Canada’s three levels of government

Parliament Hill in Ottawa, Ontario, Canada.

Parliament Hill  by Wladyslaw.  CC BY-SA

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Canada is a constitutional monarchy. In this system, the Queen or King of Canada is the head of state, while the Prime Minister is the head of government. The functions of the monarch are generally carried out by her representative, the Governor General (federal) and the Lieutenant-Governor (provincial). These duties include promoting Canadian sovereignty, serving as Commander-in-Chief, presentation of orders, decorations, medals and awards, and others.

The head of government is the Prime Minister. The three main levels of government are federal, provincial or territorial, and municipal. Each level has different areas of responsibility depending on geography and types of services:

Federal

This level creates laws and manages program and services that affect the whole country. The seat of the federal government is in Ottawa, the nation’s capital. It is concerned with:

  • national defence
  • foreign affairs
  • employment insurance
  • money
  • banking
  • federal taxes
  • the post office
  • shipping
  • railways
  • telephones
  • pipelines
  • Aboriginal lands and rights
  • copyright law
  • criminal law

The federal government is made up of Members of Parliament (MPs) from every province or territory in Canada. The political party that elects the most MPs forms the federal government and their leader becomes the Prime Minister.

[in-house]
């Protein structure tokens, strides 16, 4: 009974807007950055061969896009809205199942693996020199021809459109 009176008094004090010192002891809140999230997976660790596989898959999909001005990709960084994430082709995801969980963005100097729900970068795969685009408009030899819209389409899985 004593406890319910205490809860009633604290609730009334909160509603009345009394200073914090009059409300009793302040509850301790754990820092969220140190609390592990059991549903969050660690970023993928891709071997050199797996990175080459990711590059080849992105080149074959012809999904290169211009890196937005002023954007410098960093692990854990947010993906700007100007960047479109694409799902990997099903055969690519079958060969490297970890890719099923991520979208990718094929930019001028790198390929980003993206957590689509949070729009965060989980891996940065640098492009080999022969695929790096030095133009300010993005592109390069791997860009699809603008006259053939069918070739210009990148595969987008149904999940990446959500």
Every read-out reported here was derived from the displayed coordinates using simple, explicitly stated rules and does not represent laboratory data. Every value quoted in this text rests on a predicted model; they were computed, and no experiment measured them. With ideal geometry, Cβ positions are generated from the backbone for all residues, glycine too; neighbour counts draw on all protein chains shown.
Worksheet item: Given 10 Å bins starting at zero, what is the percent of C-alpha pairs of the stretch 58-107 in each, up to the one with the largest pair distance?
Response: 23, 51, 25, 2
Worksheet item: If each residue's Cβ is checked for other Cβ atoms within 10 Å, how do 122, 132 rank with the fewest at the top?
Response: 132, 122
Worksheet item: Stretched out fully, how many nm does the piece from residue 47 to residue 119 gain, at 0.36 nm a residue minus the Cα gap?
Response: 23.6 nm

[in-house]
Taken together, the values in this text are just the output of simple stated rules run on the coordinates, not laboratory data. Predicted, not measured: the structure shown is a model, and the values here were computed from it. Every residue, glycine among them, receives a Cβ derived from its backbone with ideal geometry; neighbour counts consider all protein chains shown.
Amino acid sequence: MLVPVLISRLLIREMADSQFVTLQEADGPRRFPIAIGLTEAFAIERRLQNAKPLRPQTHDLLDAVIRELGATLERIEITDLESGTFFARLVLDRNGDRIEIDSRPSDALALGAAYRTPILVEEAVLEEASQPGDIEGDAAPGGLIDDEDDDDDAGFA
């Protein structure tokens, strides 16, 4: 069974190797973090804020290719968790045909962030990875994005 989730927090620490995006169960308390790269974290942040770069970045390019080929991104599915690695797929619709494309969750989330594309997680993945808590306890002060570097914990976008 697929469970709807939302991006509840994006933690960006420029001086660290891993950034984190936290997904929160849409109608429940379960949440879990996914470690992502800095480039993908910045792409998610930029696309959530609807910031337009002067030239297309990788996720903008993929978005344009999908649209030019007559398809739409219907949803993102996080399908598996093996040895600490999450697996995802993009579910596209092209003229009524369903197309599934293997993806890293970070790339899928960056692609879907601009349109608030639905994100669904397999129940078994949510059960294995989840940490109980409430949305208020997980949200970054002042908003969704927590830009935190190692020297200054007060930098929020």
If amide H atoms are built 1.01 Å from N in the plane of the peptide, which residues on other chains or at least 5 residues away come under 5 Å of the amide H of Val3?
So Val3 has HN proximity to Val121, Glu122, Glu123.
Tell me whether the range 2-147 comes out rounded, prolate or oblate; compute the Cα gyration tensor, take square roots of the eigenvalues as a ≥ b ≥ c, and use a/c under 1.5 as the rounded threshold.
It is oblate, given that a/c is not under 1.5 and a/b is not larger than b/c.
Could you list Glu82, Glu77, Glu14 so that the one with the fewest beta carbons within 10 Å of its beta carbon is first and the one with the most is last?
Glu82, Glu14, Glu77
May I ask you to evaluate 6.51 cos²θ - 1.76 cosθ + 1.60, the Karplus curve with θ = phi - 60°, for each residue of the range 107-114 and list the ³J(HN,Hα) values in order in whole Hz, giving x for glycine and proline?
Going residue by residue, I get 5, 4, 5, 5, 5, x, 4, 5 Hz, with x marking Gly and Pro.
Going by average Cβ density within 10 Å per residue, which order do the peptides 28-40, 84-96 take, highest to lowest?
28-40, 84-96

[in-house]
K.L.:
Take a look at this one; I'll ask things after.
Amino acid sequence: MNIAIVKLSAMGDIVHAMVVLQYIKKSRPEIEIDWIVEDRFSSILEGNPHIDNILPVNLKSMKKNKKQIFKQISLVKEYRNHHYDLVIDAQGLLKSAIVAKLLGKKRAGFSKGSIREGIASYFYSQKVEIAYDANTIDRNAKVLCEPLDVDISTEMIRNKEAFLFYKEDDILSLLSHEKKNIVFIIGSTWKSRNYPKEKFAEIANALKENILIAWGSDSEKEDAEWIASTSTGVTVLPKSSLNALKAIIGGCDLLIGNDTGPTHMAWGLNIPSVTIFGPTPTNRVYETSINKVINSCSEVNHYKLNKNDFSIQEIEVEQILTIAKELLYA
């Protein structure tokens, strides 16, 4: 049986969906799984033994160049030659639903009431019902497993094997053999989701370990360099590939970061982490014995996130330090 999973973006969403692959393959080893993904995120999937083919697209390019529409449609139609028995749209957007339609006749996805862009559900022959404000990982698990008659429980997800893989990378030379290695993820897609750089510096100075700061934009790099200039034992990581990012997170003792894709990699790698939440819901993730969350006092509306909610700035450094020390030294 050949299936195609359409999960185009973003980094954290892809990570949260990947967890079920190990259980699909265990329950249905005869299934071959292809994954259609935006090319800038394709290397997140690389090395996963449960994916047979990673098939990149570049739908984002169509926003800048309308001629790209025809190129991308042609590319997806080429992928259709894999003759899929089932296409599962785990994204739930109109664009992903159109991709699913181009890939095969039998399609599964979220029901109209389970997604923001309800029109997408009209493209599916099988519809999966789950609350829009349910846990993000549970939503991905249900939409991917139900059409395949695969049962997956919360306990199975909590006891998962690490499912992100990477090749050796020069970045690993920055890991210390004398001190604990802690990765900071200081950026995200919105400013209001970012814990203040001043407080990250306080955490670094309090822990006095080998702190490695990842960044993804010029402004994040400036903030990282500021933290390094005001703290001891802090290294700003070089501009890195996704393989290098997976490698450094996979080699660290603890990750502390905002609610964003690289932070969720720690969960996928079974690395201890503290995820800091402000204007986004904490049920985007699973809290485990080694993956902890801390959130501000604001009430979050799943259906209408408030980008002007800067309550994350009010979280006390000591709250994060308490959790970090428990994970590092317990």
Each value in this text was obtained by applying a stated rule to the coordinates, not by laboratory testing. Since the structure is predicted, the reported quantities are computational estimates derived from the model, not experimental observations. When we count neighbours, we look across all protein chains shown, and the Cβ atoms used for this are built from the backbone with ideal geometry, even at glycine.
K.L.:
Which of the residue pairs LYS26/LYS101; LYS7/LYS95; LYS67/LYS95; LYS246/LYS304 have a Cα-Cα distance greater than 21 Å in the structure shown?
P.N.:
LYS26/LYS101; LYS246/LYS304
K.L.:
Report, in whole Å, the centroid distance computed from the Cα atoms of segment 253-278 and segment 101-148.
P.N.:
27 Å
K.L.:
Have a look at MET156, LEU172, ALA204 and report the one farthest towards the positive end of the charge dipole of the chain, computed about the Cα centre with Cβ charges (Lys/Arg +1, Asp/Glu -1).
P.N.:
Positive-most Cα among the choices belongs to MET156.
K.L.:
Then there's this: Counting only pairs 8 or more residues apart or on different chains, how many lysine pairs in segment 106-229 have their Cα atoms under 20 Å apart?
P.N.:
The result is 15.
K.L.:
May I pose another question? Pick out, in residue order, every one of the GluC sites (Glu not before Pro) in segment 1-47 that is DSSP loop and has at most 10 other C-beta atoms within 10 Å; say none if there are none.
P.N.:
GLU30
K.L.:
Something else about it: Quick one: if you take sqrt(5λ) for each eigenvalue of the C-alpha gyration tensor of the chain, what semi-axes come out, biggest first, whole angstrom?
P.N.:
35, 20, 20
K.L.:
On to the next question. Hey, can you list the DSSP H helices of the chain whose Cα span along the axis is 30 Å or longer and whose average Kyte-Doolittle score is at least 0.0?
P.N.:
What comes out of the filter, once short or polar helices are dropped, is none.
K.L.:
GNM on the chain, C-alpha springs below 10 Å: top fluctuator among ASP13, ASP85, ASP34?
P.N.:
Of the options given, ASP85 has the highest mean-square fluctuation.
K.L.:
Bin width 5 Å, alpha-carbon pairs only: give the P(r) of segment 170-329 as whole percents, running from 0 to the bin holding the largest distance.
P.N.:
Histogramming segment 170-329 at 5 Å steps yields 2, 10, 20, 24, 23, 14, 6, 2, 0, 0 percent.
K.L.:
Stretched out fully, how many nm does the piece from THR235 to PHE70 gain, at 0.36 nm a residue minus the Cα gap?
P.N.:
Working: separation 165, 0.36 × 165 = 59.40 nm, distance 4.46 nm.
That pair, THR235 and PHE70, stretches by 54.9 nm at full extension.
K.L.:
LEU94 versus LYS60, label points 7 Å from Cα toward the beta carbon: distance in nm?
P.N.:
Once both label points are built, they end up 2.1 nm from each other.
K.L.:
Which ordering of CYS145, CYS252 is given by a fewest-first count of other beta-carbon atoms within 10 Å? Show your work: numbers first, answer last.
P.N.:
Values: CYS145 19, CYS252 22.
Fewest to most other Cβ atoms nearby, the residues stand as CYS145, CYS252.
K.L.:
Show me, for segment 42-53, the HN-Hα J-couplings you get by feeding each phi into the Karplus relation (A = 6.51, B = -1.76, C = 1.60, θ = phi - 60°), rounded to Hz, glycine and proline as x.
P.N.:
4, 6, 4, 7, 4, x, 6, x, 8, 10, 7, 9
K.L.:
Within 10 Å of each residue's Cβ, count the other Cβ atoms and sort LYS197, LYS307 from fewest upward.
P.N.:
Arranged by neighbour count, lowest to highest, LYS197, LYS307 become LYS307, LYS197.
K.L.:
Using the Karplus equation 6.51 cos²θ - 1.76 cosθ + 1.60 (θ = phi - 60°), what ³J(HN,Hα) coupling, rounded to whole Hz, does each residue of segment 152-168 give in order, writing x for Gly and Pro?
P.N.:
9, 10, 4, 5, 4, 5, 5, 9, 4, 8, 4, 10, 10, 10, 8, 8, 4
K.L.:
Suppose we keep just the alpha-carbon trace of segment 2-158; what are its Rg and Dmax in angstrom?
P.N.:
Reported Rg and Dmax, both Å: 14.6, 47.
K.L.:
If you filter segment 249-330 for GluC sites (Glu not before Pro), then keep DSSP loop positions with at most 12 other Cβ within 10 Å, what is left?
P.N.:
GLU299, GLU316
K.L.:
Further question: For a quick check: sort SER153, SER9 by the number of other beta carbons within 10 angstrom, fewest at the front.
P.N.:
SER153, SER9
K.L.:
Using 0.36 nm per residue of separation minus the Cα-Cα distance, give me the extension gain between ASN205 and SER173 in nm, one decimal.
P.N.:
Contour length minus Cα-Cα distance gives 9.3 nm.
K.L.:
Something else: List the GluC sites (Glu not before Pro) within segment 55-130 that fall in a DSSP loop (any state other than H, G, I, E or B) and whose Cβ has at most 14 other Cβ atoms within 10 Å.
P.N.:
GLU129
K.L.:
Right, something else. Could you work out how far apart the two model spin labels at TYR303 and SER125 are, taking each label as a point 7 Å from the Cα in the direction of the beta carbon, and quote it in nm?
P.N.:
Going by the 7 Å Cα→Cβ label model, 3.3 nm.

Provincial

This level of government is responsible for issues that affect the province or territory. These are matters such as:

  • provincial taxes
  • hospitals
  • prisons
  • education
  • marriage
  • property and civil rights
  • rules of the road
  • age of majority

The provincial government is made up of the Members of Legislative Assembly (MLAs). MLAs may also be called Members of the Provincial Parliament or MPPs (Ontario), Members of the House of Assembly or MHAs (Newfoundland and Nova Scotia) or Members of the National Assembly or NHAs (Quebec). These are elected officials that represent a geographical area of the province called a riding. The political party with the most MPPs forms the provincial government. The head is called the Premier.

Municipal

The municipal government is receives its power from the provincial government. It deals with issues concerning the community such as:

  • city parks
  • public transportation
  • collection of garbage and recycling
  • water and sewer services
  • fire prevention
  • city roads and sidewalks
  • licensing and control of pets

The municipal government is headed by a mayor. In First Nations communities, band councils are similar to municipal governments. The members elect the band council which makes decisions that affect the local community.

Sources: Library of Parliament of Canada, Get to know Canada

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